Professor Dominic Alessio

Professor Dominic Alessio

Professor of History, Vice President International Programmes

Ph.D., F.R. Hist. S., SFHEA, FRGS

I teach on:
International History
International Relations
Political Science

Some of the courses I teach:

  • HST 5100 – Cultures Of Imperial Power
  • HST 5105 – Rise Of The Right: History of Fascisms

Research Clusters:
International Visual Arts Cultures
The Study of the State, Power and Globalisation

I was born in Wales to Irish-Welsh and Italian parents, raised in Canada and studied in New Zealand after having been awarded a Canadian Commonwealth Scholarship. I have taught at McMaster University (Canada), St Thomas’s University (Canada), Victoria University of Wellington (New Zealand) and Trinity St David’ University (Wales). I have been a Visiting Professor in the School of Arts at the University of Northampton, a Visiting Professor at Franklin University (Switzerland), a Research Associate for the Centre for Fascist/Anti-Fascist and Post-Fascist Studies, Teesside University (UK), and am a Senior Fellow at the Centre for the Analysis for the Radical Right (CARR). I have been invited to give numerous lectures throughout the world and am also a fellow of Royal Historical Society, a Senior Fellow of the Higher Education Academy, a Fellow of the Royal Geographic Society, and a former Vice Chair of the New Zealand Studies Association.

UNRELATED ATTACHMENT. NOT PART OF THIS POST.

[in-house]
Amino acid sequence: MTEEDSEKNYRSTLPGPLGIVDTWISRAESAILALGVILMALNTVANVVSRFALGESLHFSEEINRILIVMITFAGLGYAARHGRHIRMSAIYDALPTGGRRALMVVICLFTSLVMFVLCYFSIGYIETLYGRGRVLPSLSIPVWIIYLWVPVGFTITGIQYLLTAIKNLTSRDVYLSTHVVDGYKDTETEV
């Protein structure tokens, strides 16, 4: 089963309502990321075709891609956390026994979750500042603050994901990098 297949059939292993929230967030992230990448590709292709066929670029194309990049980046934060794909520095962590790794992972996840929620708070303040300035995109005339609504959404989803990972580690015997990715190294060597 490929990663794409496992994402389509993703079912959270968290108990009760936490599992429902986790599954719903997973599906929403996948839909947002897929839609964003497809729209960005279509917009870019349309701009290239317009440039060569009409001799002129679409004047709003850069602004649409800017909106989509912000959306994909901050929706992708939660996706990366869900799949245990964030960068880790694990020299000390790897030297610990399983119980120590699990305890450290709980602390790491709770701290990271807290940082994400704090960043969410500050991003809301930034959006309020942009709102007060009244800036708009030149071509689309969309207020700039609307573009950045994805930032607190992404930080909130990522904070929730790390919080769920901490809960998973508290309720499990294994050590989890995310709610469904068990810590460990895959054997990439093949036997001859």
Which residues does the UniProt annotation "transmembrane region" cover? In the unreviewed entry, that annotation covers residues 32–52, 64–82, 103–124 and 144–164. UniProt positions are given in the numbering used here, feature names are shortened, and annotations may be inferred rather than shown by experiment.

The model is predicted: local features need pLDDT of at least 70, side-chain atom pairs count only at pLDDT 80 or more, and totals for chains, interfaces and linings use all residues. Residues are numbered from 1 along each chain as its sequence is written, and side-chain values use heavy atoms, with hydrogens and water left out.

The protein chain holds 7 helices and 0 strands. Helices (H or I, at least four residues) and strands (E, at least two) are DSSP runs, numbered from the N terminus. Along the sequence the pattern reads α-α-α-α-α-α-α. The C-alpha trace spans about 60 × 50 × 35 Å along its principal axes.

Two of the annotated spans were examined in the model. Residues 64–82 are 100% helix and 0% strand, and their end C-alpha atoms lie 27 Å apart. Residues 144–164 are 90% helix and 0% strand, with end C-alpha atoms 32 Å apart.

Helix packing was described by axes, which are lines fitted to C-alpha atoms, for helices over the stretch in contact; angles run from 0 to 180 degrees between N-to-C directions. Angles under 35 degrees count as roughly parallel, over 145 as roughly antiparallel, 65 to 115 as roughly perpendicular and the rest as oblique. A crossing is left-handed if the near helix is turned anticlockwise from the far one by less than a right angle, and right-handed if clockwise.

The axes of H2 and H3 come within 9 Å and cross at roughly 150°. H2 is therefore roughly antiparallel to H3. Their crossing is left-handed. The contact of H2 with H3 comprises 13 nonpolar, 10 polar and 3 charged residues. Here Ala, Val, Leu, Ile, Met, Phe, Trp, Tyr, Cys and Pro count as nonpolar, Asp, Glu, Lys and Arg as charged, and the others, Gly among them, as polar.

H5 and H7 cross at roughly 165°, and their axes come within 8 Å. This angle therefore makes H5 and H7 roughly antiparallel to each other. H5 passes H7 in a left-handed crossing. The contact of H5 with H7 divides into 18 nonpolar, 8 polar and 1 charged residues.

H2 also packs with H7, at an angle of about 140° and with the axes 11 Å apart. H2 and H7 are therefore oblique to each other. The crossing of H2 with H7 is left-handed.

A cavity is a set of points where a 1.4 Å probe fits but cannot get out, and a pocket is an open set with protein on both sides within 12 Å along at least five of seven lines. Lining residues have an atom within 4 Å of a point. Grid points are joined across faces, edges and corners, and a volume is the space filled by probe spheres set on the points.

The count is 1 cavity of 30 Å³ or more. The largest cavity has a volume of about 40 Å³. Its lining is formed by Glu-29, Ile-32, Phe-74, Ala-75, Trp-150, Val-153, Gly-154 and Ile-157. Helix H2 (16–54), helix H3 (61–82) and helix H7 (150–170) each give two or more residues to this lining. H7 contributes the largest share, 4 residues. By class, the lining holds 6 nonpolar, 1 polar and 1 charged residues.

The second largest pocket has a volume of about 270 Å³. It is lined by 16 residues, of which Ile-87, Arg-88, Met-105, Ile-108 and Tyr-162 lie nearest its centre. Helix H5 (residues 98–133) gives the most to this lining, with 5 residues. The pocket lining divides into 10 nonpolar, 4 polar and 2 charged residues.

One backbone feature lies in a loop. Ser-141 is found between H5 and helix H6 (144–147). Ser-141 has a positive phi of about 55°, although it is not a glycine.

Research Interest & Expertise:
I am a postcolonial, political and cultural historian of imperialism with additional interests in the history of the extreme right. I am currently working on an ambitious political history investigating definitions of empire and diverse methods of empire formation. This includes the buying and renting of imperial territory as a means of expansion and the role of non-state actors, such as filibusters, corporate players and religious organisations, in the imperial process. I am also working on a project examining the relationship between the extreme right and the occult, heathenism and Satanism. My interests are hiking, fencing and canoeing, and in 2018 I made a successful attempt, with my friend and colleague Mark Horne, to obtain a Guinness World Record for canoeing the length of the River Thames in a double canoe.

  1. “Empires, Corporations and the Second Scramble for Africa” (With Welsey Renfro). Journal of World History (forthcoming 2021)